The World Health Organization (WHO) on Thursday June 9, 2016 officially declared Liberia free of the Ebola virus transmission after the country successfully passed forty-two days without a confirmed case of the disease. Dr. Alex Gasasira, the organization’s representative in Liberia commended the Liberian government and people on their effective response to the recent re-emergence of Ebola in the Country.
He assured that the WHO will continue to support Liberia in its effort to prevent, detect and respond to suspected cases. It was the fourth time that Liberia was declared free of the virus since the epidemic began in December 2013. The most recent occurrence was traced to a woman who had been exposed to the virus in Guinea and travelled to Liberia with her children. They subsequently became infected consequently spreading the virus.
When the WHO declared the Ebola outbreak virtually over, the virus had killed more than eleven thousand people in Liberia, Guinea and Sierra Leone; the three most seriously affected West African countries. Actually, Liberians seem to have forgotten or did not have any more euphoria for such announcement given their resilient nature and the unfolding situations in the country. The politically-charged and alleged corruption news-spreading Monrovia has claimed the attention of people these days that talking about an Ebola declaration news, almost passes by with the speed of light. The interest in such news has fallen to the lowest ebb. Prior to this announcement, adherence to the various Ebola protocols was very minimal or in some instances ignored totally.
But in all of this, there are a couple things that the memories of Liberians and other residents will forever remain stock to. For example, they will never forget the ravage of the disease; when Liberia was not only in total shock, but a dark blanket of uneasy calm and bewilderment covered the entire country. The shock and bewilderment Liberia experienced during the 2014 Ebola crisis can almost be equated to that experienced by the Equatorians as described by John Milton Greaves in his Book The Fist of Machiavelli. The experience of the Equatorians at the time was felt when the sudden death news of their Vice President Tyrone Stevens was announced. He had served patiently as Vice President under President Bill Trotman. Tyrone Stevens’ death news was announced immediately after being sworn in to succeed President Trotman. This was the kind of shock that engulfed the entire Liberia that was totally ignorant about solutions in battling the Ebola virus disease. Initial comments by both government officials and partners at the time either stretched the level of ignorance or just created more room for doubt and confusion.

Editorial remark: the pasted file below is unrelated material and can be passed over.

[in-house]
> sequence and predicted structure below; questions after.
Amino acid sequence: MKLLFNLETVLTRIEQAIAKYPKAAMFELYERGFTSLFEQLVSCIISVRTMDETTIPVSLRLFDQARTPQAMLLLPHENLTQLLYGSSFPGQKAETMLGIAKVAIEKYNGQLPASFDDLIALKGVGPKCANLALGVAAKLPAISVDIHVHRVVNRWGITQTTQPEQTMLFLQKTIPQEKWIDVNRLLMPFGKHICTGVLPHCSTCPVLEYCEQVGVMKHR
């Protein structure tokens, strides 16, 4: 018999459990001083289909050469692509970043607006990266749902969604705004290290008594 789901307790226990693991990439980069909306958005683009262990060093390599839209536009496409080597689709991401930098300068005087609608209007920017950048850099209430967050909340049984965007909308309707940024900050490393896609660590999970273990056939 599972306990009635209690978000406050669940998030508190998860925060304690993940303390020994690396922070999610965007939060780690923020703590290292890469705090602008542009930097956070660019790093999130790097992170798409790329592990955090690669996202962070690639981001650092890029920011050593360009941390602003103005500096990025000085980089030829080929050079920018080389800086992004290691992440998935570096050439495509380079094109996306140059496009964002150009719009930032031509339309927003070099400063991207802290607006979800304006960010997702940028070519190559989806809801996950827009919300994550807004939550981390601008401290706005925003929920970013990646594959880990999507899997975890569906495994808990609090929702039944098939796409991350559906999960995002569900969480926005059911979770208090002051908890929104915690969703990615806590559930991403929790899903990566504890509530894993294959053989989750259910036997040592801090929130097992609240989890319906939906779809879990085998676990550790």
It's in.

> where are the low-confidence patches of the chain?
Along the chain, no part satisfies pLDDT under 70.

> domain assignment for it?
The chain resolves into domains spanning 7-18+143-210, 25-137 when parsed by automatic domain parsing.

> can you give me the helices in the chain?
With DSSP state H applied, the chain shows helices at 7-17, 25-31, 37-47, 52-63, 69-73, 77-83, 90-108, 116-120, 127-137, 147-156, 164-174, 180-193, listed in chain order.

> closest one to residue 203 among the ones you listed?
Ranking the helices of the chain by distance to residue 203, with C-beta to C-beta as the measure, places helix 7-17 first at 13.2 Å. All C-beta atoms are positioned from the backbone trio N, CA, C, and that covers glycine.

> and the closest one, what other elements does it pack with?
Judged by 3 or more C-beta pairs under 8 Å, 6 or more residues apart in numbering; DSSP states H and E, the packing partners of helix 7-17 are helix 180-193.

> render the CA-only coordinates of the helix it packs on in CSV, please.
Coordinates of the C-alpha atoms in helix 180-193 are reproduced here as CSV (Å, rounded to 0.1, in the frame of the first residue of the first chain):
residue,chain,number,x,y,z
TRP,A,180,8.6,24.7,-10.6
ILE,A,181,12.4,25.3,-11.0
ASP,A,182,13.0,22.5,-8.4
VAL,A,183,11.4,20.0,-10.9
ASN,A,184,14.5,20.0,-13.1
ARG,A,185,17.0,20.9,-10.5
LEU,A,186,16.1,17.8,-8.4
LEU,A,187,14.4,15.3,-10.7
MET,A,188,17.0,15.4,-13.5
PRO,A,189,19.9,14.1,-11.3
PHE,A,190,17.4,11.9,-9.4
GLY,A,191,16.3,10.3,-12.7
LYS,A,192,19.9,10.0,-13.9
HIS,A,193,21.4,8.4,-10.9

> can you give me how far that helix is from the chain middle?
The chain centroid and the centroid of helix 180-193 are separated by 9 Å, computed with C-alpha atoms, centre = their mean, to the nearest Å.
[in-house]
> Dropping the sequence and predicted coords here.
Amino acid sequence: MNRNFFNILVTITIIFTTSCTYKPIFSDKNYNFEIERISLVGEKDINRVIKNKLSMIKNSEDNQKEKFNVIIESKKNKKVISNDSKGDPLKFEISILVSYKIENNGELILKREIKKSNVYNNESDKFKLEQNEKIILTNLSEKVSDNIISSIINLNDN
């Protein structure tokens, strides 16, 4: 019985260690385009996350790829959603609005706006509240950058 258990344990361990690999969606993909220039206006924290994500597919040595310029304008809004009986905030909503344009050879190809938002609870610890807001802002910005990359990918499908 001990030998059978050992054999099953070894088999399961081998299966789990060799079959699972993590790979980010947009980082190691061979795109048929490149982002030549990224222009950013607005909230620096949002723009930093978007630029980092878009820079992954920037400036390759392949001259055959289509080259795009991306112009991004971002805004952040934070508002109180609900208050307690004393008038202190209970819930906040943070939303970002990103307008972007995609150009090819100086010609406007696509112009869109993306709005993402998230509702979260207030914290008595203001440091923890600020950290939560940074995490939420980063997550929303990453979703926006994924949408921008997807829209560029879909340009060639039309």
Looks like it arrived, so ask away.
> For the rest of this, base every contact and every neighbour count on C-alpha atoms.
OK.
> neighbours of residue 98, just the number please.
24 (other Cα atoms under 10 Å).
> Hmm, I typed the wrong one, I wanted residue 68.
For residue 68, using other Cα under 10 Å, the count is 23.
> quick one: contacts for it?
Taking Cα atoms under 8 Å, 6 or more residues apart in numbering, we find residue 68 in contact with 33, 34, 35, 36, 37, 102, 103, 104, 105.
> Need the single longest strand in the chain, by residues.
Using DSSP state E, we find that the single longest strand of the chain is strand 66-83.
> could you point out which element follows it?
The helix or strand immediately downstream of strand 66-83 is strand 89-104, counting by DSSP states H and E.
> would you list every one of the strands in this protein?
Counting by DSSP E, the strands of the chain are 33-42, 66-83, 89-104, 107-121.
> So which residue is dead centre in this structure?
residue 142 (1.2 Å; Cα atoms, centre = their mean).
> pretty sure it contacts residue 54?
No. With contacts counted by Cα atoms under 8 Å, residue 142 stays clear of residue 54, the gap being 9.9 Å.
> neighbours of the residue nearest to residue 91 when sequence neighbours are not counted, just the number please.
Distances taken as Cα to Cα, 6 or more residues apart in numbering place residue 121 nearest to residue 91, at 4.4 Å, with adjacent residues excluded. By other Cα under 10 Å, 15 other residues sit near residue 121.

The Country and its people will also remember the cultural change the crisis effected; we stopped shaking hands, hugging and even eating together. The way of life in Liberia changed more than one hundred percent. Our beloved ones, who died of Ebola initially, had no graves; they were cremated, adopting an Indian culture. We could no more touch our sick relatives nor even take them to hospital, let alone a medical facility. Our health institutions and systems were all stabbed with a very sharp dagger by the virus. The entire country was swamped with total confusion. When the global media community rallied from all angles with their local counterparts to report on what was happening in Liberia, almost the entire world was submerged in sympathy to lend a helping hand to the country and its people.
And the assistance in all forms and manners began to flow like “Manna falling from Heaven”. The United Nations immediately seized the opportunity to knock on the doors of donor organizations and friendly countries to come to the help of Liberia that was battling what a media colleague of ours described as an “Unknown Enemy”. Our effort in this article is directed at the commissioned General Auditing Commission’s Report on the Ebola Trust Fund. A report supported by huge sums of Liberian tax payers’ monies. An account scribed by some of Liberia’s best “Brains” in terms of financial and scientific calculations. An account whose precipitation was on the basis of accountability and transparency. A documentation that took several careful weeks of consultations, research and in-depth analysis regarding expenditure of the Ebola Trust Fund. This is where the pull of resources and assistance were dumped and managed by the National Ebola Task Force/ Incident Management System (IMS).
So we want to contribute to efforts in digging out what has happened to the report in order not to frustrate the efforts of Madam Yusador S. Gaye and her abled team. We also want to ensure that Liberian tax payers’ monies are spent wisely with a results-oriented attitude. We want to join forces to discourage the idea or act of “ignoring” or “sweeping” commissioned reports under “carpets”. Because there have been wide accusations about the Liberian Government’s inability to adequately, professionally and efficiently deal with commissioned Reports on pertinent national issues that have had variance, our dire interest is widened and eager for an inquiry and a challenge to the relevant authorities to let the public know the status of this very important document. This is the core of our interest as we embark on and complete the writing of this article. We have had several conversations with relevant actors on the GAC’s report regarding what is being done with or about it.